4C's, Famous diamonds, Diamond symmetry, Hearts & Arrows, Fancy Shapes
The cut of a diamond refers to its proportions. Of the 4C's, the cut is the aspect most directly influenced by man. The other three are dictated by nature.
Quite often the cut of a diamond is confused with its shape. Diamonds are cut into various shapes depending upon the original form of the uncut diamond, which is referred to as “rough.” Whatever the shape, a well-cut diamond is better able to reflect light.
The best color is no color. Diamonds allow light to be reflected and dispersed as a rainbow of color. This light dispersion, or color flash, has no effect on the technical grading of color. The absolute finest colorless stone carries a D rating, descending through each letter of the alphabet to Z, designating a diamond of light yellow, brown, or gray. This body color may be caused by the presence of trace elements, such as nitrogen, within the atomic framework of the carbon crystal. These trace elements are so minute that they are scientifically measured in parts per million (ppm). As the body color becomes more intense, the grade for color descends the scale. These gradations are so minute and precise that discerning a single grade (even by an expert) under less than ideal laboratory conditions is extremely difficult. It is always best to compare diamonds graded by either the Gemological Institute of America (GIA) or the American Gem Society (AGS) for accurate color grading. When directly comparing diamonds for color, most consumers are unable to detect a difference unless they are at least two or three color grades apart. We recommend selecting a diamond with a color grade of K or better.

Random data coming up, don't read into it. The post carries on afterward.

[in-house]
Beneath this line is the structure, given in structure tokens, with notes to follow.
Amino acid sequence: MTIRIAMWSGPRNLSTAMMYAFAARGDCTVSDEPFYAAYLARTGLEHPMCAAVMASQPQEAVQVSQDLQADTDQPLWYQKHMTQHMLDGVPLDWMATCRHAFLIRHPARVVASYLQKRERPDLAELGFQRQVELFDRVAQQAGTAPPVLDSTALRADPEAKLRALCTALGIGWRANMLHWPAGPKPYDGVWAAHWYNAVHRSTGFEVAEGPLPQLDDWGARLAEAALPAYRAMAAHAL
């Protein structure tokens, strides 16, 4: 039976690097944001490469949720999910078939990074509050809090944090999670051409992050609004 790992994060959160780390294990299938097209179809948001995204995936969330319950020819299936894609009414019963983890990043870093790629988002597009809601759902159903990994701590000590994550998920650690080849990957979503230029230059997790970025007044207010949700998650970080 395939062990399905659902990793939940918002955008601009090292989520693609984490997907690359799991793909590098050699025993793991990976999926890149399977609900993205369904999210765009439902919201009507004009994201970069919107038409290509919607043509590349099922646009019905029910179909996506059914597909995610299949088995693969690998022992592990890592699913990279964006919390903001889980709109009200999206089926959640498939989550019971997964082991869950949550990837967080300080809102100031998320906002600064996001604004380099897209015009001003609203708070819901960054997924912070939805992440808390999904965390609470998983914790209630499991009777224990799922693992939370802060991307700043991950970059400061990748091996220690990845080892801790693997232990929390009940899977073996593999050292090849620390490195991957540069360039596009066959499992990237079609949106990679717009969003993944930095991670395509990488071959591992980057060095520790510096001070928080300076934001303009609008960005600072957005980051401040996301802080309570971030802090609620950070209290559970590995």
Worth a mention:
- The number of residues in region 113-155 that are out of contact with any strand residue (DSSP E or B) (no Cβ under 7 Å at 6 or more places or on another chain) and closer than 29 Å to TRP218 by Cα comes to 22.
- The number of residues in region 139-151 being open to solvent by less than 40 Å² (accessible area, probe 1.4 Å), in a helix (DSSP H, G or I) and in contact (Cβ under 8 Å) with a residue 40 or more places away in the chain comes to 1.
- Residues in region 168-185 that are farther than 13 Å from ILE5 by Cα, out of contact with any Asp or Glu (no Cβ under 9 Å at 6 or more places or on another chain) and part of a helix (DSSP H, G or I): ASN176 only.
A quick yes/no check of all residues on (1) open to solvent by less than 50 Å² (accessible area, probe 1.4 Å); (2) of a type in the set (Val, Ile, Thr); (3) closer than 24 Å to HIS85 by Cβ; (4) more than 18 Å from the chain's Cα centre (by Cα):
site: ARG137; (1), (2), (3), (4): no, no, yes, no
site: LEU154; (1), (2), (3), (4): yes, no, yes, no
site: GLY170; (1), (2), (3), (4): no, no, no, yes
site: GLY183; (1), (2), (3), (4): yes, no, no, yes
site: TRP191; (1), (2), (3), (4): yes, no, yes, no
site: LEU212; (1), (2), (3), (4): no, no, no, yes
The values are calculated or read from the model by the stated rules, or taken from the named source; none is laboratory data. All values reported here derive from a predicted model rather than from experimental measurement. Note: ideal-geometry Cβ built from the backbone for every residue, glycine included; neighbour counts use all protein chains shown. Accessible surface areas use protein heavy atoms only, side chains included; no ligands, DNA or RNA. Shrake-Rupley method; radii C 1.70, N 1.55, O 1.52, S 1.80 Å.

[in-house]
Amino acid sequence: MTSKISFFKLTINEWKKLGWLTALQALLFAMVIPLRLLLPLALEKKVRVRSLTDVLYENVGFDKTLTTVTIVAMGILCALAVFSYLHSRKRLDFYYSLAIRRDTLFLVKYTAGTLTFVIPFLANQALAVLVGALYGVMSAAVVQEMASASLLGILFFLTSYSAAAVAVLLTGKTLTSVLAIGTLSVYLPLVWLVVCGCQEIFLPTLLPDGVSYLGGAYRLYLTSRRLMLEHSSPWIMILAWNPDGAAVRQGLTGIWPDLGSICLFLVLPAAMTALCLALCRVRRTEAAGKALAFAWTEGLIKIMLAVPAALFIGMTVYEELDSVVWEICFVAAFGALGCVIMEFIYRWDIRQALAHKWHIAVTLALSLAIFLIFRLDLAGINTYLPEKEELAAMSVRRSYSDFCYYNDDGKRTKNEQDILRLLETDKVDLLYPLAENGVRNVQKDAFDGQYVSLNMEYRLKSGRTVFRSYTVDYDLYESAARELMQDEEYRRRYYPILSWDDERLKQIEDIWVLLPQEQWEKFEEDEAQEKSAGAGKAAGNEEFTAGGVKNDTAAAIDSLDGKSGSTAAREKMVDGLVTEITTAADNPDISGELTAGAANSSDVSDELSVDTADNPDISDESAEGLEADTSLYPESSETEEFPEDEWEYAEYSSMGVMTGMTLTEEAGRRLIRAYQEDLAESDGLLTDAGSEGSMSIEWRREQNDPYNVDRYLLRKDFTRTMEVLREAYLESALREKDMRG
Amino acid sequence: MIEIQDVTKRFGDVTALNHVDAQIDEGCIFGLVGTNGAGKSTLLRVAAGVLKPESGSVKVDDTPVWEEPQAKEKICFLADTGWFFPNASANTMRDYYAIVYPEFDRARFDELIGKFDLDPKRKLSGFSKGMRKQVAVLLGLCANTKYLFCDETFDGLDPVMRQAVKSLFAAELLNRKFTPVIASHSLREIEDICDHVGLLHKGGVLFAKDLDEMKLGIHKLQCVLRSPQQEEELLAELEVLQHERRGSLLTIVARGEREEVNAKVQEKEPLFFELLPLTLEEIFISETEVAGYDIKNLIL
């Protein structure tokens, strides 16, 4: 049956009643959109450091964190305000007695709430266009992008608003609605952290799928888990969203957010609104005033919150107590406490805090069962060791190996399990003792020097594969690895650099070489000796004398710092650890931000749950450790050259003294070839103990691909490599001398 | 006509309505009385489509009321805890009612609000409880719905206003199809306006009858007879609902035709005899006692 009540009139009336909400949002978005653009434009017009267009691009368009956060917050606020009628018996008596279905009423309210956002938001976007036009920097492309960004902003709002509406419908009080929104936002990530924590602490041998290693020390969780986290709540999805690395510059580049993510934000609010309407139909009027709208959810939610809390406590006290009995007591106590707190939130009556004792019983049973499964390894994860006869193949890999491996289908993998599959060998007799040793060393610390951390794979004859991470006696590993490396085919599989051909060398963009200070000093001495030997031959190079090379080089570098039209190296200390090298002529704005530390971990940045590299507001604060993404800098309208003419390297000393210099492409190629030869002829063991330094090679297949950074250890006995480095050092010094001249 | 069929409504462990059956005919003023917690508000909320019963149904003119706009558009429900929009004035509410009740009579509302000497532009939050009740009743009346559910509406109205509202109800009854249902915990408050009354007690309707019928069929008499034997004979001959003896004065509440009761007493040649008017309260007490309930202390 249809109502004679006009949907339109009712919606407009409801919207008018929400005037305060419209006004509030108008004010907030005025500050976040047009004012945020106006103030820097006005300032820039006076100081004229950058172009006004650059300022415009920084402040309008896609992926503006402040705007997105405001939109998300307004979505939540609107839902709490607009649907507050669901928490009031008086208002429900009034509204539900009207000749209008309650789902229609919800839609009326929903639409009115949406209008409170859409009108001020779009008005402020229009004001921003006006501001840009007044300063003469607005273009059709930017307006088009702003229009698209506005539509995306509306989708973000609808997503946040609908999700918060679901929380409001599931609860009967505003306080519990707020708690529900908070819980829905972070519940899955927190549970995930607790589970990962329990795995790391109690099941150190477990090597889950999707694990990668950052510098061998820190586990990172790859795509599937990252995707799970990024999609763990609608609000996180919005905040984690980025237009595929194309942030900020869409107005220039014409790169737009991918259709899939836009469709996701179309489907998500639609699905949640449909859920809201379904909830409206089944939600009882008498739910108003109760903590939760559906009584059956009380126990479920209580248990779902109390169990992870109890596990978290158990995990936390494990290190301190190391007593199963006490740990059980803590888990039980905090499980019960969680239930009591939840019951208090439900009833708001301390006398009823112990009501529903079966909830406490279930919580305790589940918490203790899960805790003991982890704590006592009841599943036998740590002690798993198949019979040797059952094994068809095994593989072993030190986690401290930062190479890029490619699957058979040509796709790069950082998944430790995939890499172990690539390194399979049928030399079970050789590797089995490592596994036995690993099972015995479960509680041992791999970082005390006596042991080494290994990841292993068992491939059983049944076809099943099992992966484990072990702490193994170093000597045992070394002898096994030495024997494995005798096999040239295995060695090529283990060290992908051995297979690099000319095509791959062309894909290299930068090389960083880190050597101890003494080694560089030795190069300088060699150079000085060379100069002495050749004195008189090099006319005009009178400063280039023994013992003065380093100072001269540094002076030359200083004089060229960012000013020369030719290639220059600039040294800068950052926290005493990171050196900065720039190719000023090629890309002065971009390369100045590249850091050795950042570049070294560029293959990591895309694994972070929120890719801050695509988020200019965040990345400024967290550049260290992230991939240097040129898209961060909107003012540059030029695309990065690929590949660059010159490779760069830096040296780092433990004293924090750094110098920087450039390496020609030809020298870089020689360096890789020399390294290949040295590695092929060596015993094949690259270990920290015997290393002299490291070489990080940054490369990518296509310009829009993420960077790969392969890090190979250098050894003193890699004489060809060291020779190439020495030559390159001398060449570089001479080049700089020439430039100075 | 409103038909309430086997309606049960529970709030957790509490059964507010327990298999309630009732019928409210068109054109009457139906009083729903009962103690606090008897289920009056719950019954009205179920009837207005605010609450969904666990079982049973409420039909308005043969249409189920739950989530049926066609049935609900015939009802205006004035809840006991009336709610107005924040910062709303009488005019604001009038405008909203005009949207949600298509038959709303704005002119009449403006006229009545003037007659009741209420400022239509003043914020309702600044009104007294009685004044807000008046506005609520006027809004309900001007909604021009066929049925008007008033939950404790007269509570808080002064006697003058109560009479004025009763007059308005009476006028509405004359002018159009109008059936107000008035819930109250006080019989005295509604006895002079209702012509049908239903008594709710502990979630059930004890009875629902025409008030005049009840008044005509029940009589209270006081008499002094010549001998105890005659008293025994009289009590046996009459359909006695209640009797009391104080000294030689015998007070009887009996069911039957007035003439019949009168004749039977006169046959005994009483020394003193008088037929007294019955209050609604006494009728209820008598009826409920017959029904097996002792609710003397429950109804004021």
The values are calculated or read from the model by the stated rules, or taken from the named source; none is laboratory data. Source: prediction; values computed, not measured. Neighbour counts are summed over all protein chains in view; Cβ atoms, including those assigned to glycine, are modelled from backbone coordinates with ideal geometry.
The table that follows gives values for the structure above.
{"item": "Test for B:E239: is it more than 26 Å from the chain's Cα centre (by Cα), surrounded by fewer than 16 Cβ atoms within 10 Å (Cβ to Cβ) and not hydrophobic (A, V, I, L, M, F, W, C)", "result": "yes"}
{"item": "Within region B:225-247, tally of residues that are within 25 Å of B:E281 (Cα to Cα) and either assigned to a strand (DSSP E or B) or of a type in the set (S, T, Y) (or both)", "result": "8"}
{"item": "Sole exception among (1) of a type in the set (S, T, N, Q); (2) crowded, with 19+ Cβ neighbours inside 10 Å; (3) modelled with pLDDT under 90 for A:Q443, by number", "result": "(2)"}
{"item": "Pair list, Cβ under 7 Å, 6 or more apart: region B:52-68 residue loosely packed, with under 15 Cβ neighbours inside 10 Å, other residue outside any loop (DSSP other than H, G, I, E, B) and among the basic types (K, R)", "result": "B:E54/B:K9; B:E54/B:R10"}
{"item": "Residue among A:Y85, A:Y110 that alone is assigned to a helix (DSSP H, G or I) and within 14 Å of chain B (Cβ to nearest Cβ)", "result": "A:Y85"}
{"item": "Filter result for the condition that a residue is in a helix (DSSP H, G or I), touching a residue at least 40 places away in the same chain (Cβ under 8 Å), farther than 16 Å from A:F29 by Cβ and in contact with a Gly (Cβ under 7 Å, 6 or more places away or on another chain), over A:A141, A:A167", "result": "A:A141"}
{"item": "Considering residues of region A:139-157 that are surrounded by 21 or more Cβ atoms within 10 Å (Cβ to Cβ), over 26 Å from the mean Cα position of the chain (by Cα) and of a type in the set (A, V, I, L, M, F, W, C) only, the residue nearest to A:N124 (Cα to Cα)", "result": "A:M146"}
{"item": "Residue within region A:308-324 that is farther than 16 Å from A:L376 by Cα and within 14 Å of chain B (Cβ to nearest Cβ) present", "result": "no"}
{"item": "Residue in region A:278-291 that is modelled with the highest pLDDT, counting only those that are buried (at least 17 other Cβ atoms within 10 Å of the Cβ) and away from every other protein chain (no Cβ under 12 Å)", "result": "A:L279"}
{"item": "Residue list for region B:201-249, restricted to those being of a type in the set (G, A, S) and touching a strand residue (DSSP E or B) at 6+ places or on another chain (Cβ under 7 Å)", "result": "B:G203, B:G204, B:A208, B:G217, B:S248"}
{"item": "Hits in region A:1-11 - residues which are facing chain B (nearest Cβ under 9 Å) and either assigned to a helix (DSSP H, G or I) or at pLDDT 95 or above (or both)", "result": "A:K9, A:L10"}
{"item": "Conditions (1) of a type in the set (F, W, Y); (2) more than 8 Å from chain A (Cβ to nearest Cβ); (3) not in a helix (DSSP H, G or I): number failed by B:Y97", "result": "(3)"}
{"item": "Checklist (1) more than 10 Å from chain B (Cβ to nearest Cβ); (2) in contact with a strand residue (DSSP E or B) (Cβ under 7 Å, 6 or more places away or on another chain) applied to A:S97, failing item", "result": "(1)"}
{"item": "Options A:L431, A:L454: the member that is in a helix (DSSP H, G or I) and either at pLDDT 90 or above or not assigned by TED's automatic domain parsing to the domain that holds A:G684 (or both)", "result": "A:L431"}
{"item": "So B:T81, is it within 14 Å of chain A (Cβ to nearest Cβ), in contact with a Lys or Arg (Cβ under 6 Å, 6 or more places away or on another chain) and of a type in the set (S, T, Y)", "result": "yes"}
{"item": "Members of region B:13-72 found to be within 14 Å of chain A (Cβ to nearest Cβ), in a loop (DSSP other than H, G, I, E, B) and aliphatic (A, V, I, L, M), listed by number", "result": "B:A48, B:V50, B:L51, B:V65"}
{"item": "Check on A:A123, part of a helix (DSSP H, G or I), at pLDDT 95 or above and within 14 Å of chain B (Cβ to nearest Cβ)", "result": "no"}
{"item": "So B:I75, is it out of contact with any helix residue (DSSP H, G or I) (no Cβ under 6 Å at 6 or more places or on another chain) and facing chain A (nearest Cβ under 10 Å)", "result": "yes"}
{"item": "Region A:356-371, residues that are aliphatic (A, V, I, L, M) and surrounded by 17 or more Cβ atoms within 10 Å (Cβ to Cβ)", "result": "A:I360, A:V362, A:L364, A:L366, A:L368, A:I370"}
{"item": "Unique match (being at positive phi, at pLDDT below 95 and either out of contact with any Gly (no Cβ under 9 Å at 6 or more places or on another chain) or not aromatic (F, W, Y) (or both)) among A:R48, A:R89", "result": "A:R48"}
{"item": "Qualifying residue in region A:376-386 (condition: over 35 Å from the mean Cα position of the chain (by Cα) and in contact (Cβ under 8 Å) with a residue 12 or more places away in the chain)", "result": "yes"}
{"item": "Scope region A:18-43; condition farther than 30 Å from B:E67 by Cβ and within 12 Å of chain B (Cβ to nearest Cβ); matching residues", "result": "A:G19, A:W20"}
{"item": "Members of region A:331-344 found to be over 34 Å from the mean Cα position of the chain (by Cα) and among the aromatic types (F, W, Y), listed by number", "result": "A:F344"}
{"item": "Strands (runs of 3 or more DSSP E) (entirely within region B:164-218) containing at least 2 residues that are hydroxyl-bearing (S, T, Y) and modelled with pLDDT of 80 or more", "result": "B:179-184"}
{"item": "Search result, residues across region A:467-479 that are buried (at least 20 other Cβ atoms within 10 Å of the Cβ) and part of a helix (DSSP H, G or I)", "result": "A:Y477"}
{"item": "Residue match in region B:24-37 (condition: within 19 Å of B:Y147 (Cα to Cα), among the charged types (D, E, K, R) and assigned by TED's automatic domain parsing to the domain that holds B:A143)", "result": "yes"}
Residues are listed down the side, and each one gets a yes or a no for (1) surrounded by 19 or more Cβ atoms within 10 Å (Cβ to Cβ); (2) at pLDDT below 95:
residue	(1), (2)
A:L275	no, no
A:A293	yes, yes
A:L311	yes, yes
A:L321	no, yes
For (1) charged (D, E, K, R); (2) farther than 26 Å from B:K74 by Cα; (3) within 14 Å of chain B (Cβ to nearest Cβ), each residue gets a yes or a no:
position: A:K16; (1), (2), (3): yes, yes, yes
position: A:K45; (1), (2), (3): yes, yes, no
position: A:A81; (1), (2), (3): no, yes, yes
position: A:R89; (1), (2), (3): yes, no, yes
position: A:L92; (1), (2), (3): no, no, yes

Almost all diamonds contain very tiny natural birthmarks known as inclusions. To determine a diamond's clarity, an expert views it under 10-power magnification. In addition to internal inclusions, surface irregularities are referred to as blemishes. These two categories of imperfections-inclusions (internal) and blemishes (external)-make up clarity. The fewer the imperfections, the rare and more valuable is the diamond. Many inclusions are not discernable to the naked eye and require magnification to become apparent. A laboratory-certified clarity rating of SI2 represents the point at which inclusions are technically not apparent to the average naked eye.
Most people compare carat weight to size. The larger the diamond the more it weighs. The weight of a diamond is expressed in carats. The word carat originated from the carob tree or Ceratonia siliqua. The tiny seeds of this tree are well known for their uniformity and consistent weight. Traditionally diamonds and gemstones were weighed against these seeds until the system was standardized, and one carat was fixed at 0.2 grams. One carat is divided into 100 points. A diamond weighing one quarter of a carat can also be described as weighing 25 points or 0.25 carats. Points are generally not used to describe weights over one carat. Here are some examples of different weights for round diamonds and their corresponding sizes. These may not be actual size due to your monitor. The approximate girdle diameter is displayed in millimeters.